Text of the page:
By Daniel Skora
It’s quirky. Sometimes it feels like it’s been stitched together from vignettes and sketches. It had an inauspicious beginning in 1997 as a performance gift from the Toronto Theatre Community to two of its members who were getting married. And there are enough zany characters in it to satisfy the cast list of several musicals. But it’s imaginative, entertaining, and hilariously funny, and it went on to win 5 Tony Awards in 2006. The show is “The Drowsy Chaperone”, and it’s currently onstage in a thoroughly engaging production at Pinckney’s Dio Theatre + Dining.
“Chaperone” began as a parody of 1920’s musical comedies. The twenties were formative years for the American Musical stage, and during its fledgling years Broadway musicals often appropriated characters and conventions from vaudeville and musical hall entertainments. Many stock characters and theatrical conventions from those early musicals and later ones can be found in “Chaperone”. The show features mistaken identities, multiple doorways, a dream sequence, and spit takes, where a liquid taken into the mouth gets spit out before it can be swallowed, generally on the closest person around and with amusing consequences. It’s also got roller skating and hoofers and a show-within-a-show.
“Chaperone’s” subordinate show has oil tycoon Robert Martin (Steve DeBruyne) about to marry Broadway star Janet Van De Graff (Sarah Brown), who will forego her acting career after marriage. Because Miss Van De Graff represents a considerable investment to those who finance Broadway musicals, the producer of her latest show, Mr. Feldzieg (Dan Morrison), is attempting to see that the marriage never takes place. He is joined by two gangsters disguised as pastry chefs (Benjamin Dennis and Victor McDermott), who are there to look after the interests of the mob. Also present are the hostess, the aging and absentminded Mrs. Tottendale (Olive Hayden-Moore), her dutiful butler (Dale Dobson), a ditsy chorine named Kitty (Kristin Renee Reeves) who hopes to replace Miss Van De Graff as the new star, Martin’s best man George (Jared Schneider) and the Latin gigolo Aldolpho (Richard Payton). Trix (Bryana Hall) is an aviatrix who makes a last minute entrance to save the day. And, of course, there’s the drowsy chaperone herself (Marlene Inman), who does better at imbibing the celebratory punch than she does keeping the bride and groom separated from each other until the ceremony.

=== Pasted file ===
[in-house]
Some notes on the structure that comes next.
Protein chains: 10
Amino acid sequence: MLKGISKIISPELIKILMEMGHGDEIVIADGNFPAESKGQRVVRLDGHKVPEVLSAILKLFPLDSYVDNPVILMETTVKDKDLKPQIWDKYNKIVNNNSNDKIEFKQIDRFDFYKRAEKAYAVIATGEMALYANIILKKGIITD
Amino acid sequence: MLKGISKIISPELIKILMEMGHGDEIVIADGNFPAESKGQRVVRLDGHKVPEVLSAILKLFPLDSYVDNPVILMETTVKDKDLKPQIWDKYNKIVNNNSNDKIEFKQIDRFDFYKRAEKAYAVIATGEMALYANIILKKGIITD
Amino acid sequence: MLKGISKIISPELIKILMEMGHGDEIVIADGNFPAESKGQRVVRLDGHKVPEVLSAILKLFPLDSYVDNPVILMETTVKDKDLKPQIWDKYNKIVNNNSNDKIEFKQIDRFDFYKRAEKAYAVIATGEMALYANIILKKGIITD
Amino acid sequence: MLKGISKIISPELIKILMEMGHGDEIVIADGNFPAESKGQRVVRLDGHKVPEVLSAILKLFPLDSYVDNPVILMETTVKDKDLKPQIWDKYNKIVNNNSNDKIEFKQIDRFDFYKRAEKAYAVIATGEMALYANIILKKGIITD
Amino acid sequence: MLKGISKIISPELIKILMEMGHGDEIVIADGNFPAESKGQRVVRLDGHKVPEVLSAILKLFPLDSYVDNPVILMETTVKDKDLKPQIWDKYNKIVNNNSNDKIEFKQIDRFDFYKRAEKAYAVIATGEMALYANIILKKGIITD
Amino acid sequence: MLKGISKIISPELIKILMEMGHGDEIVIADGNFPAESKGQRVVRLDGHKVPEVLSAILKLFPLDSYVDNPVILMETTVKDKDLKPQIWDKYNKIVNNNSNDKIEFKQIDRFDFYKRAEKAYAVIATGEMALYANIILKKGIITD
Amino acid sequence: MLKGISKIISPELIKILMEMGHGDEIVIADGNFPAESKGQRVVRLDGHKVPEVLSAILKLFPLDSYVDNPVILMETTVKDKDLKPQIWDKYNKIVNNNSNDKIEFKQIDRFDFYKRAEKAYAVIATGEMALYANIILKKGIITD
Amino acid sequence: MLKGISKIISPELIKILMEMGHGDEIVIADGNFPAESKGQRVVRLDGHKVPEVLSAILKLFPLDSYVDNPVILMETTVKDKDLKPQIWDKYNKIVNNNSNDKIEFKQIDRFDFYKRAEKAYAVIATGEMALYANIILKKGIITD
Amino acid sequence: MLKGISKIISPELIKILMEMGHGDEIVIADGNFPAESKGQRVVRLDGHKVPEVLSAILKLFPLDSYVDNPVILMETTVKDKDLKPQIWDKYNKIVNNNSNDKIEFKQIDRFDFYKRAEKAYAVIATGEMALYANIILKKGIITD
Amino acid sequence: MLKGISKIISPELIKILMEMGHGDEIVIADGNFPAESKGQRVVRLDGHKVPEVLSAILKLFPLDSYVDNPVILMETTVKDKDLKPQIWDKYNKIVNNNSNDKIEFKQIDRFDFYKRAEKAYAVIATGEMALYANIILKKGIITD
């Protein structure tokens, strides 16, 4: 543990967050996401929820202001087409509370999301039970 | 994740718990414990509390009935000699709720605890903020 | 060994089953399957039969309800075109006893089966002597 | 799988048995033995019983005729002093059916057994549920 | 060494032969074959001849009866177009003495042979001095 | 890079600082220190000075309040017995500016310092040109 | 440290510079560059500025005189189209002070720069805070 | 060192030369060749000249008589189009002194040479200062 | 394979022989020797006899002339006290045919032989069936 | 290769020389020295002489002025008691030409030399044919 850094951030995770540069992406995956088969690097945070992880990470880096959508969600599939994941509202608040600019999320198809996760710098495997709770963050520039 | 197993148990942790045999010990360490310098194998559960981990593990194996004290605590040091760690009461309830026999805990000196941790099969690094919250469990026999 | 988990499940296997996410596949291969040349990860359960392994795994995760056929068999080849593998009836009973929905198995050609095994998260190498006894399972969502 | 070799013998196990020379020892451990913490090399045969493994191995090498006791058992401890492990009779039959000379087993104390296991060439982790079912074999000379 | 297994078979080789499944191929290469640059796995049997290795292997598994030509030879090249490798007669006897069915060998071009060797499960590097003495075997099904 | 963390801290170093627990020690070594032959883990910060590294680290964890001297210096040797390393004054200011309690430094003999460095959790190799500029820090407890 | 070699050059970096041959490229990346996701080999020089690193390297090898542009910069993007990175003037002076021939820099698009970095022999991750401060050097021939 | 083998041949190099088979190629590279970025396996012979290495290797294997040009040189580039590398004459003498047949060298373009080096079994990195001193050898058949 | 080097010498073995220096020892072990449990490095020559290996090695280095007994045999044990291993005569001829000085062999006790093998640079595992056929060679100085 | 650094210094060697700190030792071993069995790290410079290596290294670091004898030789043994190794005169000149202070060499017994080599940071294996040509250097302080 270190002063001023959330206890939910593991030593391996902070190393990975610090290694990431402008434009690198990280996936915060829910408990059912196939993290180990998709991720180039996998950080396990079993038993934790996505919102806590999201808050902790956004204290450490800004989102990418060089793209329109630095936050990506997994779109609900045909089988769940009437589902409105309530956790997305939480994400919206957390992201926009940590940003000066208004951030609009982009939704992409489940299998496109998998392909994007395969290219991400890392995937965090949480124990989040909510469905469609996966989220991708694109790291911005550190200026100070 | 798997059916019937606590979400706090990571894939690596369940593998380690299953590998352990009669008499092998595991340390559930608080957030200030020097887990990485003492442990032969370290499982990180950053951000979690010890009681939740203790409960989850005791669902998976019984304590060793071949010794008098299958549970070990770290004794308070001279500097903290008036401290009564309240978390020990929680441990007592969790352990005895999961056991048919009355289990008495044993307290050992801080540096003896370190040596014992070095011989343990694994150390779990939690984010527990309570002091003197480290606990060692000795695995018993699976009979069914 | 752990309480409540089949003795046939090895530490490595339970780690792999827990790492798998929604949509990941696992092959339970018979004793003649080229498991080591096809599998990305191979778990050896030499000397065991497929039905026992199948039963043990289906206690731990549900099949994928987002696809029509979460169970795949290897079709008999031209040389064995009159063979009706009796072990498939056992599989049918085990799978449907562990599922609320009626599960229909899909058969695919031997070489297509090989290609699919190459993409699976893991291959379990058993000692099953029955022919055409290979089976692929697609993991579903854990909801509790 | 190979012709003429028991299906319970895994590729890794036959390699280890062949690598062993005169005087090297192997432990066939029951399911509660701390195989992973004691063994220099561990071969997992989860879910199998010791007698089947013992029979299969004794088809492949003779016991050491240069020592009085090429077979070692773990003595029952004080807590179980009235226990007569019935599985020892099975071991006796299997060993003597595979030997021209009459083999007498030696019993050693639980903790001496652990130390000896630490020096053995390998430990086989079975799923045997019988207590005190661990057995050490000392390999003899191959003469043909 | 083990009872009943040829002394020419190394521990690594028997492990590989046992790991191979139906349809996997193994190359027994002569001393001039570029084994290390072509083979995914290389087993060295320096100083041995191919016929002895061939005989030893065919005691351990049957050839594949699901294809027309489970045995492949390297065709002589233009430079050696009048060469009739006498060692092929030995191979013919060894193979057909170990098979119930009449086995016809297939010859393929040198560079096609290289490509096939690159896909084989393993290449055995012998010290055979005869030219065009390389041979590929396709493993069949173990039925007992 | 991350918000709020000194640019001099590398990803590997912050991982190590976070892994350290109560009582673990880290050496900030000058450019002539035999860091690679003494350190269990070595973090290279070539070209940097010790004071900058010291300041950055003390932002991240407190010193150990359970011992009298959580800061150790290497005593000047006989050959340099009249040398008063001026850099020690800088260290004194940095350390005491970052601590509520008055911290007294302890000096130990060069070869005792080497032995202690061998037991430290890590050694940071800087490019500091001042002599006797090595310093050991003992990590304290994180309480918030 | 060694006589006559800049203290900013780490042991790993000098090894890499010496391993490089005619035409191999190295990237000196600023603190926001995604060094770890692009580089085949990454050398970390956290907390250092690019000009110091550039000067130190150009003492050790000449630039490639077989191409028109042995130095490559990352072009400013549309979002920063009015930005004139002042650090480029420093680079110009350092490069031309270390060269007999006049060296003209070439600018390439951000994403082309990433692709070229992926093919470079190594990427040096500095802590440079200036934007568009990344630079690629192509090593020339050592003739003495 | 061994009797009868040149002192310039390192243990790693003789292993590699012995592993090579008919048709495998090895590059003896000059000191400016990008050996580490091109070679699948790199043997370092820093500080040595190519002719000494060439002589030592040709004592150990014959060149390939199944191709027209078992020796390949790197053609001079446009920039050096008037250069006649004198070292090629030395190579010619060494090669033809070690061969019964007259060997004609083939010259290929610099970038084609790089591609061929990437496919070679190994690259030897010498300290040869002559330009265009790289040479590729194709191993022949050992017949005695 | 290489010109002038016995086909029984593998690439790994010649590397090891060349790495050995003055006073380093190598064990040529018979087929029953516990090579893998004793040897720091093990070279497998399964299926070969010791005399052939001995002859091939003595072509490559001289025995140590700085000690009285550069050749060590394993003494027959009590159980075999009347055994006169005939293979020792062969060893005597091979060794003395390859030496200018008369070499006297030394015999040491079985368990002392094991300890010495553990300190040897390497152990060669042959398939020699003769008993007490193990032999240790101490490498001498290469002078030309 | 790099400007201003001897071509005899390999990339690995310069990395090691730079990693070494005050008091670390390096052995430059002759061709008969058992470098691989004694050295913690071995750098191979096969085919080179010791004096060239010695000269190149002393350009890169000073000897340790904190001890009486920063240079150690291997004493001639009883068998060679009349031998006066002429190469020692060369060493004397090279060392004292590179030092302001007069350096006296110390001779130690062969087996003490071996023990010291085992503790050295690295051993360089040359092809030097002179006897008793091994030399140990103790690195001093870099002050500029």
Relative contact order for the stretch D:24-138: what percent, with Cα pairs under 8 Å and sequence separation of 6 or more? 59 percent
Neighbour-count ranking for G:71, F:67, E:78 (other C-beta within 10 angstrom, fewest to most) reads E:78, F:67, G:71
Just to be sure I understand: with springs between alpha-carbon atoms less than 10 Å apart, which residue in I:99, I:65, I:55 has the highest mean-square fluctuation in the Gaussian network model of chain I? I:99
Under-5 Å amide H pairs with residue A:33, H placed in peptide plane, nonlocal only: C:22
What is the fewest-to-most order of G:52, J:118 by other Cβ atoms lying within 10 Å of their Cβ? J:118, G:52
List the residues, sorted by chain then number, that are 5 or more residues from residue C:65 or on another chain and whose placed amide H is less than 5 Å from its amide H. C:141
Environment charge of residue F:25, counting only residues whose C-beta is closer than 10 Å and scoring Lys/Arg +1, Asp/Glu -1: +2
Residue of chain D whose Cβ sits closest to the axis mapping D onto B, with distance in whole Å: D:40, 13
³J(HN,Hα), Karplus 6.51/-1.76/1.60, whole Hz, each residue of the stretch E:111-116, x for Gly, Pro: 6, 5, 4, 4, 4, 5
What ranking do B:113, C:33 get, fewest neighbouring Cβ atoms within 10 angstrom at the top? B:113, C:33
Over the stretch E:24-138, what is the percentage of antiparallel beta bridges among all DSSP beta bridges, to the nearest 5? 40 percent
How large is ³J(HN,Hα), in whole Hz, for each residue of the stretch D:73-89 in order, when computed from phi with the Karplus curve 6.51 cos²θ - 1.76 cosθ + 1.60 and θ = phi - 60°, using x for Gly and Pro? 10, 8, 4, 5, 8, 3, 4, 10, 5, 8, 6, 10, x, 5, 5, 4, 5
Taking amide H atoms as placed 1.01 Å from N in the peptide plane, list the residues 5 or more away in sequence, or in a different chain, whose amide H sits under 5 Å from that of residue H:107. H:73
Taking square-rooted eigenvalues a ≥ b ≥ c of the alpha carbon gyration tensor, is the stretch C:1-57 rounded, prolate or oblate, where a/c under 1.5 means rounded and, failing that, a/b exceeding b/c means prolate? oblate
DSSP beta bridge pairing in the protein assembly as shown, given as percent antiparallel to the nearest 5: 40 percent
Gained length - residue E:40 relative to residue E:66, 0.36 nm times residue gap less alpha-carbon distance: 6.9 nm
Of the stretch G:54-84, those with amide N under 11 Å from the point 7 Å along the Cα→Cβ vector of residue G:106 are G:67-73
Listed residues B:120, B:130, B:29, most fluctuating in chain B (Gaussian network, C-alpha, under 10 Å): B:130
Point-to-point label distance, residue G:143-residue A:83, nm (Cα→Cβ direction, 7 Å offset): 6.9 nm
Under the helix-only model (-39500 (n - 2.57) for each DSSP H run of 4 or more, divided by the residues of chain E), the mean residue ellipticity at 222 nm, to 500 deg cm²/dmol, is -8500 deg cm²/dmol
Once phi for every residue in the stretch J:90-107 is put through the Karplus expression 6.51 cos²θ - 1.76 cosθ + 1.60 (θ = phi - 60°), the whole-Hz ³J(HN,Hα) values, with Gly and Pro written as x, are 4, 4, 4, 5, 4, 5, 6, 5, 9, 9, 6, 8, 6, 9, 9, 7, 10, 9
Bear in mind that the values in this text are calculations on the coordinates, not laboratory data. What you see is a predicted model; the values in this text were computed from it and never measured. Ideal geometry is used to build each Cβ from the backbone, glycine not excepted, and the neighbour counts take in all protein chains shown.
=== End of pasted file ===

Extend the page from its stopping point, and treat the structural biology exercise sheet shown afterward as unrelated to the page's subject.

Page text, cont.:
But this musical would never be performed were it not for the primary show from which it springs. This show concerns a middle-aged man identified only as Man In Chair. Man In Chair (a poor way of designating a delightfully human character with such a pleasing personality) is reclusive and spends most of his time in his apartment listening to recordings of old Broadway musicals. When the show opens, he’s sitting in the comfort of his living room, flanked by his beloved phonograph. He begins by addressing the audience, casually talking about musicals. His favorite is “The Drowsy Chaperone”, a (fictitious) Broadway musical the words of which he can recite verbatim. It’s the same musical which is the subject of the show-within-a-show and as Man In Chair reaches over and drops the stylus onto the record, the story of “The Drowsy Chaperone” comes magically to life behind him.
Man In Chair is the heart and soul of “The Drowsy Chaperone” and Patrick O’Reilly is masterful in the part. He plays the theatre buff with charm, whimsy, and self assurance. As narrator, commentator, and occasional participant, Man In Chair transcends the musical he loves, and O’Reilly vibrantly captures all his enthusiasm and personality.
The songs are lively and consistent with the parody theme. They include “Cold Feets” (what the groom gets just before his wedding), “Toledo Surprise” (a life-altering experience that happens when you cross the mob), and “As We Stumble Along” (what usually happens after drinking too much liquid refreshment). Director and Dio co-founder Steve DeBruyne has crafted an exciting and entertaining production with an exceptional cast. Besides O’Reilly’s wonderful performance, Richard Payton takes a great part and runs with it, giving an outstanding performance as Aldolpho, a Lothario whose amorous swagger in front of the ladies far exceeds any of his romantic abilities.
Book for “The Drowsy Chaperone” is by Bob Martin and Don McKellar, music and lyrics are by Lisa Lambert and Greg Morrison. Set, lighting, and sound design for The Dio production are by Matthew Tomich, costumes are by Norma Polk, and choreography is by Kristin Renee Reeves. The five piece band is led by Brian Rose.
The dining part of Dio Dining and Entertainment is provided by Chef Jarod DeBruyne. In addition to his Signature Fried Chicken, the buffet dinner includes Italian Sausage, Fresh Garden Salad, Homemade Breadsticks, Garlic Smashed Potatoes, Peas and Carrots, and beverage and dessert.
“The Drowsy Chaperone” runs through October 18th. For tickets and information call (517) 672-6009 or go online to www.diotheatre.com. The Dio is located at 177 E. Main Street in downtown Pinckney.